HVAC Systems: The Stealthy Drain on Energy Efficiency

Maritime Activity Reports, Inc.

November 12, 2014

The utiliVisor control center.

The utiliVisor control center.

“Set it and forget it” may work well for rotisserie cookers, but that approach can be disastrous for shipboard HVAC systems.
It’s not uncommon to find that the last time an HVAC system’s settings were checked on board is when it is was first set – upon installation.  Typically, claims energy advisory firm utiliVisor, the ships’ engineers set the parameters and then go on their merry way.  “A lot of marine companies mostly look at engine and generator performance, but no one is taking a look at chilled water, at the HVAC plant in any coordinated fashion,” says Marc Graziano, a business development analyst at utiliVisor.
Over time, that unchecked, deteriorating system can start leaking a few dollars here and there, eventually working its way up to a flood of money running invisibly down the drain.
And that’s a big mistake when you consider that a ship going for the U.S. to the Caribbean, HVAC constitutes 20% of the ship’s energy costs, according to Graziano. He suggests as a “conservative estimate,” that when you count pumps, fans and compressor motors, you can be looking at 30% of your total energy bill.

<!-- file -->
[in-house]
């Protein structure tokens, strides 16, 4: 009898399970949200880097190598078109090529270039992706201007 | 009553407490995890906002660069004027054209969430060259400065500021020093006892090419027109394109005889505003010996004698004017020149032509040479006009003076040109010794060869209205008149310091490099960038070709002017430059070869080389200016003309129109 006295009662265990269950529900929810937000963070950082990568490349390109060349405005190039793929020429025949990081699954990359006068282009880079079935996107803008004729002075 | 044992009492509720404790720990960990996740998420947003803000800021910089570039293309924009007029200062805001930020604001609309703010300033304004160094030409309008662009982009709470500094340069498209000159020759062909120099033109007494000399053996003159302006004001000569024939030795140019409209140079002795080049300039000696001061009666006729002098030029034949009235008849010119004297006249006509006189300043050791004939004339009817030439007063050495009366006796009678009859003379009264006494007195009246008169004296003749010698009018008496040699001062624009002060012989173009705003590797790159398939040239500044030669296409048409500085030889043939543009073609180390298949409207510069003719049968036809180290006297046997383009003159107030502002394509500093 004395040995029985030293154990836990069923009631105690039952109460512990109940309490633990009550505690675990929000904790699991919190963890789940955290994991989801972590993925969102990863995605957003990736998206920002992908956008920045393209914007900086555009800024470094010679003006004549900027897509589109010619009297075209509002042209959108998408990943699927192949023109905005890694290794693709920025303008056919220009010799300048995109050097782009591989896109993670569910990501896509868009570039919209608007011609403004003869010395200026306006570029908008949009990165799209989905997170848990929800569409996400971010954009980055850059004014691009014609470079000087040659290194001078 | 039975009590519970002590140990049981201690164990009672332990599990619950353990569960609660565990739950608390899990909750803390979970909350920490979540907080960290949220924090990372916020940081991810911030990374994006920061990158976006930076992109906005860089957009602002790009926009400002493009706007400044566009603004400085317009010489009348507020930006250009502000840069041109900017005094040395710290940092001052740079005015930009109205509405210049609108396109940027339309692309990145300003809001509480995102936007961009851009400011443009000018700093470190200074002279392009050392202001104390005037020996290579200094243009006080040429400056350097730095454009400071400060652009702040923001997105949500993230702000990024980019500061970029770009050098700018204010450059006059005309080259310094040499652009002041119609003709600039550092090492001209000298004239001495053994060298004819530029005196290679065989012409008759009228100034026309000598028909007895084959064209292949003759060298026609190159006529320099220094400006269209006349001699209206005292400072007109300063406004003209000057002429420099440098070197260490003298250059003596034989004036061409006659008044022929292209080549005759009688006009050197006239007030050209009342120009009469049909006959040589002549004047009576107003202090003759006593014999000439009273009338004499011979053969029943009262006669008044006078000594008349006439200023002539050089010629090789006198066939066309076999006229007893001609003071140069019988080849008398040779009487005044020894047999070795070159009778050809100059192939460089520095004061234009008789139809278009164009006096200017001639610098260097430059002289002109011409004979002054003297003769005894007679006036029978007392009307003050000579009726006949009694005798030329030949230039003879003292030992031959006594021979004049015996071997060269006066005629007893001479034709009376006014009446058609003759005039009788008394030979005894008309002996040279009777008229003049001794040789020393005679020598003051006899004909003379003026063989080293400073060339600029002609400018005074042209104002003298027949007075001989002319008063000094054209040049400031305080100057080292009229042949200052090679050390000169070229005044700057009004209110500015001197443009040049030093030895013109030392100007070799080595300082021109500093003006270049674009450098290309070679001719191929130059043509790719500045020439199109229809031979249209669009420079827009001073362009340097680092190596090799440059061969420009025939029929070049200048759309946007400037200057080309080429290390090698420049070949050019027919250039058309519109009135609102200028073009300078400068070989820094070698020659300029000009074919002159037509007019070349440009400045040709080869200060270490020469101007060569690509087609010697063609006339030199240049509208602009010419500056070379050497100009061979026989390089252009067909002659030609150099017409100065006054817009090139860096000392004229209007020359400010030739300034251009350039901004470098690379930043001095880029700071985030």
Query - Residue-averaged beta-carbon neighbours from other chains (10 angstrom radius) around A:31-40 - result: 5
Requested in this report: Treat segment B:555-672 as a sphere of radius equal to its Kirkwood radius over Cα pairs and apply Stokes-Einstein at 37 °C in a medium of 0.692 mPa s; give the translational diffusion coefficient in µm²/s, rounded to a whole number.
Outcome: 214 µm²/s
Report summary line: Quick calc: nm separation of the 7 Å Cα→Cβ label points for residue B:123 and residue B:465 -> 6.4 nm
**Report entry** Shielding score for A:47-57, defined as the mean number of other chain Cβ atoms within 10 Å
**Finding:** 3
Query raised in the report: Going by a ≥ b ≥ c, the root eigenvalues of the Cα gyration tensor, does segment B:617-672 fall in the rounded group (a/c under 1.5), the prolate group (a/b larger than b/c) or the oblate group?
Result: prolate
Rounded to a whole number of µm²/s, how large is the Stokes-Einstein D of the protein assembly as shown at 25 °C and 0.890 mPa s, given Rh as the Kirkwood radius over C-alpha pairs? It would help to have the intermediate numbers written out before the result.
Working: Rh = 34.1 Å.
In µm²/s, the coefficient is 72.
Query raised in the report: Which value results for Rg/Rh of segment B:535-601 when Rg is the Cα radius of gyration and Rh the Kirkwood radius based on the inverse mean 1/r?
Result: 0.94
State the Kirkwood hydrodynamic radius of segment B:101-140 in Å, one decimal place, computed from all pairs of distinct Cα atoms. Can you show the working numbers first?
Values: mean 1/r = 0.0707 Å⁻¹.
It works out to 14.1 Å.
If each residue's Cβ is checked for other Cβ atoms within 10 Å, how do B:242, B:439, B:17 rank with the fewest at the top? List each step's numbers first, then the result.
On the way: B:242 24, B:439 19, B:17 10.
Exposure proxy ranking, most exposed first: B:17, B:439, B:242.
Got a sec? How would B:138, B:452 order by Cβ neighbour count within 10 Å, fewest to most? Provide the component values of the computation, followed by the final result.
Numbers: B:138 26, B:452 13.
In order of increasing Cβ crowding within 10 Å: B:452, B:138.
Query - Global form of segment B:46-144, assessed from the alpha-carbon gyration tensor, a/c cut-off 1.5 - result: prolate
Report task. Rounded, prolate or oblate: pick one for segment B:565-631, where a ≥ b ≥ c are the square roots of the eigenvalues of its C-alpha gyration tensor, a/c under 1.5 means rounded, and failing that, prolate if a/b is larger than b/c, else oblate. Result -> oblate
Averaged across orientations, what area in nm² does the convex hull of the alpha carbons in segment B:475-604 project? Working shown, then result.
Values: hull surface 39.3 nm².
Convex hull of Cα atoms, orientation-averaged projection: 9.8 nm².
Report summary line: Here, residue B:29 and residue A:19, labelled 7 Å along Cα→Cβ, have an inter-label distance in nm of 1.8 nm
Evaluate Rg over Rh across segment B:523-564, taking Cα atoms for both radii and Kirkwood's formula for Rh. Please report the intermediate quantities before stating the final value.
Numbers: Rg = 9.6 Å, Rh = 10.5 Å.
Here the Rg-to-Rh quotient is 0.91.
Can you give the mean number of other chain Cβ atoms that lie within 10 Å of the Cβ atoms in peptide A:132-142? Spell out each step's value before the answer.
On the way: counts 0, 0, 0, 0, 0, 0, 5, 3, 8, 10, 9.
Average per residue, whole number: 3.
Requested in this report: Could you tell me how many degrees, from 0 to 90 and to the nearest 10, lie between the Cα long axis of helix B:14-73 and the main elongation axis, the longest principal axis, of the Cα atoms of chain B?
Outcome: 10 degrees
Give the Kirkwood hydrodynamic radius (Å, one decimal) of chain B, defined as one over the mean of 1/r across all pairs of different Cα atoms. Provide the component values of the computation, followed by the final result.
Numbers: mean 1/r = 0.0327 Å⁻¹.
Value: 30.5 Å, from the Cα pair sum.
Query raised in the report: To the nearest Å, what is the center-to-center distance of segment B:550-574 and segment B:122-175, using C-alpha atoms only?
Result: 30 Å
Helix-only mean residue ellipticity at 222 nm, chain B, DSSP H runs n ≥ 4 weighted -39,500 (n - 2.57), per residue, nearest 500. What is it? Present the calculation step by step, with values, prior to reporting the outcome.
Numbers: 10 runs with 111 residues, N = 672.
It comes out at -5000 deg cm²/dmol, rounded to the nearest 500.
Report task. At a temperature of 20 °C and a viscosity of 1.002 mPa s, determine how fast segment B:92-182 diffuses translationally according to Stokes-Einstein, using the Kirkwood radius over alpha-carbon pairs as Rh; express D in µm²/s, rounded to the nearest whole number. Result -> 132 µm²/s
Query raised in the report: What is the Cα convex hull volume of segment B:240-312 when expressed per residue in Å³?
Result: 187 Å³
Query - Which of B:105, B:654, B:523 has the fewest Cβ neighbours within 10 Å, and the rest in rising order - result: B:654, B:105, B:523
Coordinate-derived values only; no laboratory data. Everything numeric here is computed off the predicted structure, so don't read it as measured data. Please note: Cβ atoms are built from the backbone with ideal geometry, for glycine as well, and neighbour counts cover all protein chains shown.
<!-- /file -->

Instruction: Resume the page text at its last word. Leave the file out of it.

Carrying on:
“If you are spending 20% of your energy on the comfort systems and you can save 10% that is worth a 2% reduction on a ship’s fuel bill. In the cruise industry, that turns out to be a tremendous sum of money. “If you are spending $20 million a year on fuel, that’s a $400,000 savings,” Graziano explains, adding that operators could see a quick pay back on service– between one to two years.
Sensing a huge opportunity, utiliVisor, which is known for its shore-based business in tracking energy use at plants and other commercial buildings, entered the market a little more than a year ago, offering a service to analyze vessel performance and recommend energy cost saving solutions to improve the efficiency of the vessel.
Its initial target sector is the cruise industry, where it has so far has signed one client. By comparison, the 35-year-old firm has 575 land-based clients, 75 on the plant side, with the rest of its business coming from major real estate companies and commercial offices.
UtiliVisor installs, reads and invoices utility submeters and offers recommendations to clients on how to improve the efficiency of their HVAC systems, based on its analysis of real-time intelligence. Of particular focus is the optimization of chilled water generation environments, boiler/heating plants and co-generation (CHP) systems.
 “We can help users with large heating and cooling requirements, like cruise ships, improve performance and save money. Most of these plants do not have metering on those machines, which means they have no viewpoint into the performance of these plants,’’ Graziano says.  “In most instances, ship owners will be able to realize a significant reduction in fuel costs in a relatively short period of time. We are confident that owners will realize as much as 10% annual savings for most vessels, with a payback on capital investment in as little as a year,” claimed Tim Angerame, a Director at utiliVisor, at the launch of the company’s marine service program last year.